- Buyer's Guide
As a lean sensei, I try to live up to the standards set by my Japanese lean sensei as I teach the way of lean. Although I readily will testify that I am not perfect in my methods and have ample room for improvement, there are teaching moments that actually seem like magic. These wonderful, magical moments are where the student and the teacher hit the sweet spot. Things seem to fit together without force. Everything aligns and clicks. Excitement and joy are created, very much like the feeling around Christmas time.
I experienced one of those moments today with a group of my students (a rare case since this experience typically occurs just in one-on-one moments). I was leading a simple point lesson at lunch time with a small group of plant leaders from our Batesville plant in Indiana. The topic was the classic spaghetti diagram. The spaghetti diagram is a simple map indicating the path of a part or person through a process. As you draw the travel path back and forth, up and down, etc., the lines can resemble a bowl of spaghetti noodles.
For a point lesson, it is best to focus on one small topic and keep it short. Usually I target 15 minutes, depending on the topic. Following the short explanation (using little or no PowerPoint slides), I have my students try it. Learning by doing is the best way to understand. If done well and often, these point lessons can have a far greater impact than full-blown kaizen events.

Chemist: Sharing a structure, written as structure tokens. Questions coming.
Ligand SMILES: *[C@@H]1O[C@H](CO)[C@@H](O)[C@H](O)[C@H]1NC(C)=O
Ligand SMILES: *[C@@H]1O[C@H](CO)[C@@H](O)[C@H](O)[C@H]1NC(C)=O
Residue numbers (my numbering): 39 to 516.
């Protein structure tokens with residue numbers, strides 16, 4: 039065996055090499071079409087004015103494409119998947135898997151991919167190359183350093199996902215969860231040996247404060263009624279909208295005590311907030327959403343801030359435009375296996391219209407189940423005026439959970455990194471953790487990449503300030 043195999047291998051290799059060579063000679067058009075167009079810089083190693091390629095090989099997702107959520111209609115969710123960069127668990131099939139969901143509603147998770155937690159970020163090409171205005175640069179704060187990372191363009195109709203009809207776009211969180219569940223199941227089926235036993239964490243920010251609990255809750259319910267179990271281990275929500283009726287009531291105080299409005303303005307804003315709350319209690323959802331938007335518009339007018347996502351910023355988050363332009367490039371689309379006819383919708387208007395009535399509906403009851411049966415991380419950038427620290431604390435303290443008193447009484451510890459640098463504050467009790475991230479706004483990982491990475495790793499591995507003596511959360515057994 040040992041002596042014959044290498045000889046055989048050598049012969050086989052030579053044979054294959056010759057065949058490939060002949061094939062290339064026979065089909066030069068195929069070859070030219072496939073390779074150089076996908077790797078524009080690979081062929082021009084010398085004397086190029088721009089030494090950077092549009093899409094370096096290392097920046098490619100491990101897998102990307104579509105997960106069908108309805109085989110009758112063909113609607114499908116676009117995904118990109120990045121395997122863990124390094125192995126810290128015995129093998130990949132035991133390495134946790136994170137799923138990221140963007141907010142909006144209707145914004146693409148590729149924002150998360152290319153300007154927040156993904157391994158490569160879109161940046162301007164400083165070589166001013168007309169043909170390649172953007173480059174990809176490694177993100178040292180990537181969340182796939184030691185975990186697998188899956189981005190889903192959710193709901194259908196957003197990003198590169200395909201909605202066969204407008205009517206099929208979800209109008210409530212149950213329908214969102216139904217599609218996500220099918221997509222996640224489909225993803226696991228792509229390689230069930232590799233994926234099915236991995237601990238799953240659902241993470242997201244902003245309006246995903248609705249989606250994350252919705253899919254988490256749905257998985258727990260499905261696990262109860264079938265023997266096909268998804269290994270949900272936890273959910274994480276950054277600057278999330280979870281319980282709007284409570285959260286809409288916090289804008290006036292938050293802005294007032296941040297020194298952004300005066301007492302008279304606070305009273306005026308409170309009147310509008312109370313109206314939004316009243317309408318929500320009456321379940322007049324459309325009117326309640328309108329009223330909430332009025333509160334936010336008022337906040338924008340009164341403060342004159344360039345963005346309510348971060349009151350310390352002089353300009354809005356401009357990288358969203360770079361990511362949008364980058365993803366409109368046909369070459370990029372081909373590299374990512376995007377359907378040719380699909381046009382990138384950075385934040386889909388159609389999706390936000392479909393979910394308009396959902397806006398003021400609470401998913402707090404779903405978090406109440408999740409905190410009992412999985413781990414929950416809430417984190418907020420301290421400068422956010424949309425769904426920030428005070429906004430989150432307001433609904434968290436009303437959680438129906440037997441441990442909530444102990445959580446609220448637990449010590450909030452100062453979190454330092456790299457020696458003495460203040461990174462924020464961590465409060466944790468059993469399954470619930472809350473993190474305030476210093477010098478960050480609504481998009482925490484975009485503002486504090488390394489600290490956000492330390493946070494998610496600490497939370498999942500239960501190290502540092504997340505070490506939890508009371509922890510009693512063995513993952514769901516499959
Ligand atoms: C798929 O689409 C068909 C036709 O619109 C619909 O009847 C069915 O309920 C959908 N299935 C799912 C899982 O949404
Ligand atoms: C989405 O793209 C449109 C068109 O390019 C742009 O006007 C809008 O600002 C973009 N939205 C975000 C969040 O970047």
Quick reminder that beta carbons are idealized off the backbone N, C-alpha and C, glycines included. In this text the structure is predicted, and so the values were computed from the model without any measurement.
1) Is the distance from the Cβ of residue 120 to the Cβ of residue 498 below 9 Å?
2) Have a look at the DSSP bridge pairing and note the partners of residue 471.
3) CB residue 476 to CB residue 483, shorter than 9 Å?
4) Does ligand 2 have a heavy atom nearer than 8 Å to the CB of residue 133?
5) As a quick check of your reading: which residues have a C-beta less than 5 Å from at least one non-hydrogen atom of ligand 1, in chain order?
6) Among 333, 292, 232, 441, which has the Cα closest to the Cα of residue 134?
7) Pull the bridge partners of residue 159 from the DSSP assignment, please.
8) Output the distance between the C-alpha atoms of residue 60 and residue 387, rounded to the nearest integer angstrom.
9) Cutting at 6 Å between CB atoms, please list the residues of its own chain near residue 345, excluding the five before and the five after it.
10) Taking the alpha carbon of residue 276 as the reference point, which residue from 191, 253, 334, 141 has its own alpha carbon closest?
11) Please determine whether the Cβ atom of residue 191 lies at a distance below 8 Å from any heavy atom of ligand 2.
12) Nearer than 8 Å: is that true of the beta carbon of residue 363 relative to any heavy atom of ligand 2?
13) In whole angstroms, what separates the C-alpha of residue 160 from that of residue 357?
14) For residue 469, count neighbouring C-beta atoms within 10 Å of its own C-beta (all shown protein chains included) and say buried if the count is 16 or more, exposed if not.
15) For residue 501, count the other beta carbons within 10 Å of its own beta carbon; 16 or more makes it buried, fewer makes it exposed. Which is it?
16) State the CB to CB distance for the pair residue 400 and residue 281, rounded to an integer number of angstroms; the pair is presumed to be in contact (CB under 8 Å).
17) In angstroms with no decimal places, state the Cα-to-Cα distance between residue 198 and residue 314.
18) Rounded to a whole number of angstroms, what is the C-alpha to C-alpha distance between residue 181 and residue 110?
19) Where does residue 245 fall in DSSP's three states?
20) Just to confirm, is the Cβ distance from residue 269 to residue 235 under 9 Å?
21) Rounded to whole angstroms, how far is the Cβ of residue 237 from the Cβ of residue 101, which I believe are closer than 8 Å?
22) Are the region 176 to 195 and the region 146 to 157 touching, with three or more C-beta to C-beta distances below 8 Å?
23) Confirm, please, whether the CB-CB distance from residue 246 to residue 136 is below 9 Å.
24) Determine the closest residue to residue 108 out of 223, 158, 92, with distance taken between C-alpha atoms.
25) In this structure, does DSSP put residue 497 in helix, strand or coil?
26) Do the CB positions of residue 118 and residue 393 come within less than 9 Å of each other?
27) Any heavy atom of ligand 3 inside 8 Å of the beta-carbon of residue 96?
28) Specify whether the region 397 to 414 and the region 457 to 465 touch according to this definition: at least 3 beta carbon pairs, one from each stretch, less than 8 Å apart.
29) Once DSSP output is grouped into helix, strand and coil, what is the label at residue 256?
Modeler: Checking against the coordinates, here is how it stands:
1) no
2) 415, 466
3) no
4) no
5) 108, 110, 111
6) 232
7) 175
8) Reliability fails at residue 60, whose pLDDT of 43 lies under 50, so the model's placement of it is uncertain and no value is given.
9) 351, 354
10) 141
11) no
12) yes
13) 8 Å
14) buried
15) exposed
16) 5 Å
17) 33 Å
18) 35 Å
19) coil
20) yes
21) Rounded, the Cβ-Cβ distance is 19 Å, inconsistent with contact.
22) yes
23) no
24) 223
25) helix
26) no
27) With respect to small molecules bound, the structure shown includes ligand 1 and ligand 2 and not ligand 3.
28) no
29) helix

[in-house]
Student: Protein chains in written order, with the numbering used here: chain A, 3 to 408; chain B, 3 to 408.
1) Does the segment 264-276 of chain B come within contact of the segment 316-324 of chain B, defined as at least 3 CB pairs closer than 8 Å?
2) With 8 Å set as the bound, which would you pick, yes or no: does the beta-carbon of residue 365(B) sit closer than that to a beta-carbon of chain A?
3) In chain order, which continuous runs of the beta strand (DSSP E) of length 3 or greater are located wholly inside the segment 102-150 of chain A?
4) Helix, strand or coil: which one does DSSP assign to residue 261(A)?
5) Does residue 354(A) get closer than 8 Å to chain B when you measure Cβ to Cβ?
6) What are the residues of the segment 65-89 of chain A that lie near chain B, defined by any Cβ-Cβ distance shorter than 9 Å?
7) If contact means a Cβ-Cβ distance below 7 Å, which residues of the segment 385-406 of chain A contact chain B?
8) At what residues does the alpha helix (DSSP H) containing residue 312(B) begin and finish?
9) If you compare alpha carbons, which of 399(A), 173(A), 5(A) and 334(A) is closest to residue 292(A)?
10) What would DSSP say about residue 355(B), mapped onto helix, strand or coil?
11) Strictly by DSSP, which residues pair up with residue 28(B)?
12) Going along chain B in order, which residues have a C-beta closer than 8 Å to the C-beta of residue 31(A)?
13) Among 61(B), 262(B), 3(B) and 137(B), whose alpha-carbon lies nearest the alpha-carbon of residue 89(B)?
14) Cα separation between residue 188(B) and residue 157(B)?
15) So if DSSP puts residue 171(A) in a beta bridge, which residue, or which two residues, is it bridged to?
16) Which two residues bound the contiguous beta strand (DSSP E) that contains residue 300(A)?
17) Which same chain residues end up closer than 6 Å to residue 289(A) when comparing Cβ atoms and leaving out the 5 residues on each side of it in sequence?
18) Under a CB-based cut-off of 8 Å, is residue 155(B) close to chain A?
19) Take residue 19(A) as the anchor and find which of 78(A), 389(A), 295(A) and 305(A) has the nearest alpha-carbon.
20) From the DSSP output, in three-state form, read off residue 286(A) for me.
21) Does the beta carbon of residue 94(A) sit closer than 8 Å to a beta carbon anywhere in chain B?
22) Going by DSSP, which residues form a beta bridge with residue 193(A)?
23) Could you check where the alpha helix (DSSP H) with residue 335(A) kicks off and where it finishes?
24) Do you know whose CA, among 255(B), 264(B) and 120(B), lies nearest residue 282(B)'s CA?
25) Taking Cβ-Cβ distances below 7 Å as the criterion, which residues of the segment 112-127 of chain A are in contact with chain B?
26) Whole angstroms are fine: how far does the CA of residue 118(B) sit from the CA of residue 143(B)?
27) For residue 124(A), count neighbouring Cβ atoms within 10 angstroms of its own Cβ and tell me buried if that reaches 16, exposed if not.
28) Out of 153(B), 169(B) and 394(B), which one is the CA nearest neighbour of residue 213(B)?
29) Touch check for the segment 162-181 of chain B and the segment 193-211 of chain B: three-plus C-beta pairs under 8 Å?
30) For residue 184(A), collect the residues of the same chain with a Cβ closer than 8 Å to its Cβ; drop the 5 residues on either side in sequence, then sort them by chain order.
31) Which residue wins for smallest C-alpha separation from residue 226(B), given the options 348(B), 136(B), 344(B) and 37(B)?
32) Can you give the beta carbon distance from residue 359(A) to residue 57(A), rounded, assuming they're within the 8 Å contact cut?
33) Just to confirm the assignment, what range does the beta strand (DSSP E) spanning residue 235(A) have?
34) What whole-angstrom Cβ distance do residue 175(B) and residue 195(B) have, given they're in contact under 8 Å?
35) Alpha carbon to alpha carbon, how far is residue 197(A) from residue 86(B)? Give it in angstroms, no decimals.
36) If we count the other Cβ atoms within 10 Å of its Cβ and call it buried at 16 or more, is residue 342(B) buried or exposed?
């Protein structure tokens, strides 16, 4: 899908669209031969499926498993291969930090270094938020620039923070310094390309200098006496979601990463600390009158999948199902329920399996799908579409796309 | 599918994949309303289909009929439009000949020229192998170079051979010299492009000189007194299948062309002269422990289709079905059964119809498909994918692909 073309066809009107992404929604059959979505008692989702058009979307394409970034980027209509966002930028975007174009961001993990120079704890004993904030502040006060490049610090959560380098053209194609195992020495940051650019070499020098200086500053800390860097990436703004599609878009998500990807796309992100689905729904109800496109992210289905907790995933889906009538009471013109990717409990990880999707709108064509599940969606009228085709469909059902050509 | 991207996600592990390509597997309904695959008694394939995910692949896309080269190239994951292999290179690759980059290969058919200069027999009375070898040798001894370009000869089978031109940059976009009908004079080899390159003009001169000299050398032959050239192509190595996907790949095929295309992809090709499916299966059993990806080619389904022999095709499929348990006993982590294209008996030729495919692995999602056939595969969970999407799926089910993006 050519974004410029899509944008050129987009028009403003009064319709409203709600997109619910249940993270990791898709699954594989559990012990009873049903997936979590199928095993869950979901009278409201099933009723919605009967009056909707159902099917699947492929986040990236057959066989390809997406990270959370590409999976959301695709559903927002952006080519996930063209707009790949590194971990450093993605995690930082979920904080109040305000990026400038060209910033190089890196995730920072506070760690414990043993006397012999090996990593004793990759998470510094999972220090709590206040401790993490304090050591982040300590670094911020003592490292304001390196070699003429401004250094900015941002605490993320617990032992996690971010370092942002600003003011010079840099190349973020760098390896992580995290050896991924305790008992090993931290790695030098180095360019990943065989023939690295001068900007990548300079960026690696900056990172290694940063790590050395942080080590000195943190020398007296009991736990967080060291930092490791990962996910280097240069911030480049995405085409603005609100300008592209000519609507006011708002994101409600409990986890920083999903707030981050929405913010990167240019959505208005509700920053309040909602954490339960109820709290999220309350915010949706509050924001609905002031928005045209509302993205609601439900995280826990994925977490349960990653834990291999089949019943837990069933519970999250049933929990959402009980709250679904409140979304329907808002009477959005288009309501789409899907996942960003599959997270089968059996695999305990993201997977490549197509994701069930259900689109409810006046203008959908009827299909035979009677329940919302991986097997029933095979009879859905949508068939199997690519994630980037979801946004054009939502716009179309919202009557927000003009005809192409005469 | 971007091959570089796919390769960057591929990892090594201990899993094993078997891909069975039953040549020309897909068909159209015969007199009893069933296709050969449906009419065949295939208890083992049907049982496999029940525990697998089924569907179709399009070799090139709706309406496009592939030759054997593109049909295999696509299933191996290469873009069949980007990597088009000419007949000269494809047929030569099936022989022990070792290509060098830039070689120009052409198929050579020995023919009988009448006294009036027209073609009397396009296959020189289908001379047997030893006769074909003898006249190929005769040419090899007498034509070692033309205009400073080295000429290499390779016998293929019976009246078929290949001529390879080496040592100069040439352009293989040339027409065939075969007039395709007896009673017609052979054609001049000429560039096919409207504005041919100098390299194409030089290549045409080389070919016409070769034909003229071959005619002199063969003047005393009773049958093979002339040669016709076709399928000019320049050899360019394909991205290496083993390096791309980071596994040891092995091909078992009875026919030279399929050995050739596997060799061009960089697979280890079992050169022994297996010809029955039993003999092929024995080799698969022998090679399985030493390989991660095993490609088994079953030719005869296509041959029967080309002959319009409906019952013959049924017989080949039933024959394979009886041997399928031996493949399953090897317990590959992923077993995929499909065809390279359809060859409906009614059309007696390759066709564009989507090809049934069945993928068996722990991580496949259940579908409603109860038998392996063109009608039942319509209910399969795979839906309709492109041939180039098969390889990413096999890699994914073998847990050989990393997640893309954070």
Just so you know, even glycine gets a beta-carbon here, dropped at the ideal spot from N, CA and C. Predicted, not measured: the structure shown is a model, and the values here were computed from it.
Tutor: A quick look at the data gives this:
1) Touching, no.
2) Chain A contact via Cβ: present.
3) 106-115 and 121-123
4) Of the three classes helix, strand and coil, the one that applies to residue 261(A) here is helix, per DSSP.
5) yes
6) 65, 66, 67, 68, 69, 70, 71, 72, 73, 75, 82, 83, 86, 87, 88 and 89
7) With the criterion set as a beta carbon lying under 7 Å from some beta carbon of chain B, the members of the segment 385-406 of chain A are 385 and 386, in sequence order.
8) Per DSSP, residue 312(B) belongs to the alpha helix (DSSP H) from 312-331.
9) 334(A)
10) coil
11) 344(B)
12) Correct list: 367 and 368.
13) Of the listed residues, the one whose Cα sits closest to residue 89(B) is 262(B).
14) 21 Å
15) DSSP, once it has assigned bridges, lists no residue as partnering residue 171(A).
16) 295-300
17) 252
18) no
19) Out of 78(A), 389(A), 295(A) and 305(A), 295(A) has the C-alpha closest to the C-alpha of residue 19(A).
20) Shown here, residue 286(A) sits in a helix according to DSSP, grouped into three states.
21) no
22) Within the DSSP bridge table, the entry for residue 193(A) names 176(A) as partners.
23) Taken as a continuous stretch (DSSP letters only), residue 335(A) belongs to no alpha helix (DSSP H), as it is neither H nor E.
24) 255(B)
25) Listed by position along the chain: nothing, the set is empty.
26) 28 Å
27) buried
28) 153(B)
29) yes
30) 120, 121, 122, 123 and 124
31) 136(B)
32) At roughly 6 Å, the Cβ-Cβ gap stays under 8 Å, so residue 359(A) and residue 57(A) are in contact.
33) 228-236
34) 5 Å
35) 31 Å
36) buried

I asked the students to go to gemba (the shop floor or office) to find a process of their choosing to map using the spaghetti diagram. I gave them a deadline of just the next 20 minutes. The group practically ran out the door to meet the deadline. I knew I would get a few good responses upon their return, but I was not entirely prepared for what happened next.
At the appointed 20-minute deadline, my students started funneling back. Everyone was excited about what they discovered in just 20 minutes. People were comparing stories and looking over the discoveries of the others. Many of the students were shocked at how much travel they just witnessed. Plenty of ideas were being thrown out to make improvements.
With that, I asked them to please make those improvements as tonight’s homework assignment due by the end of the day tomorrow. After making these improvements, I asked that each of them sketch out an after-kaizen spaghetti diagram and share it with the group.
In just a short, focused 35-minute session of learning by doing, we had more than 20 processes targeted for immediate improvement. Pretty awesome! I can’t wait to see the results tomorrow. It almost feels like I’m 7 years old again on Christmas Eve. I'll let you know what I find under my tree in a future column.
About the author:
Mike Wroblewski started his lean journey with instruction in quick die change from Shigeo Shingo. Mike is currently the lean sensei at Batesville Casket Company in Batesville, Ind. He also writes a blog called “Got Boondoggle?” featuring lean and Six Sigma topics. Check it out at http://gotboondoggle.blogspot.com/.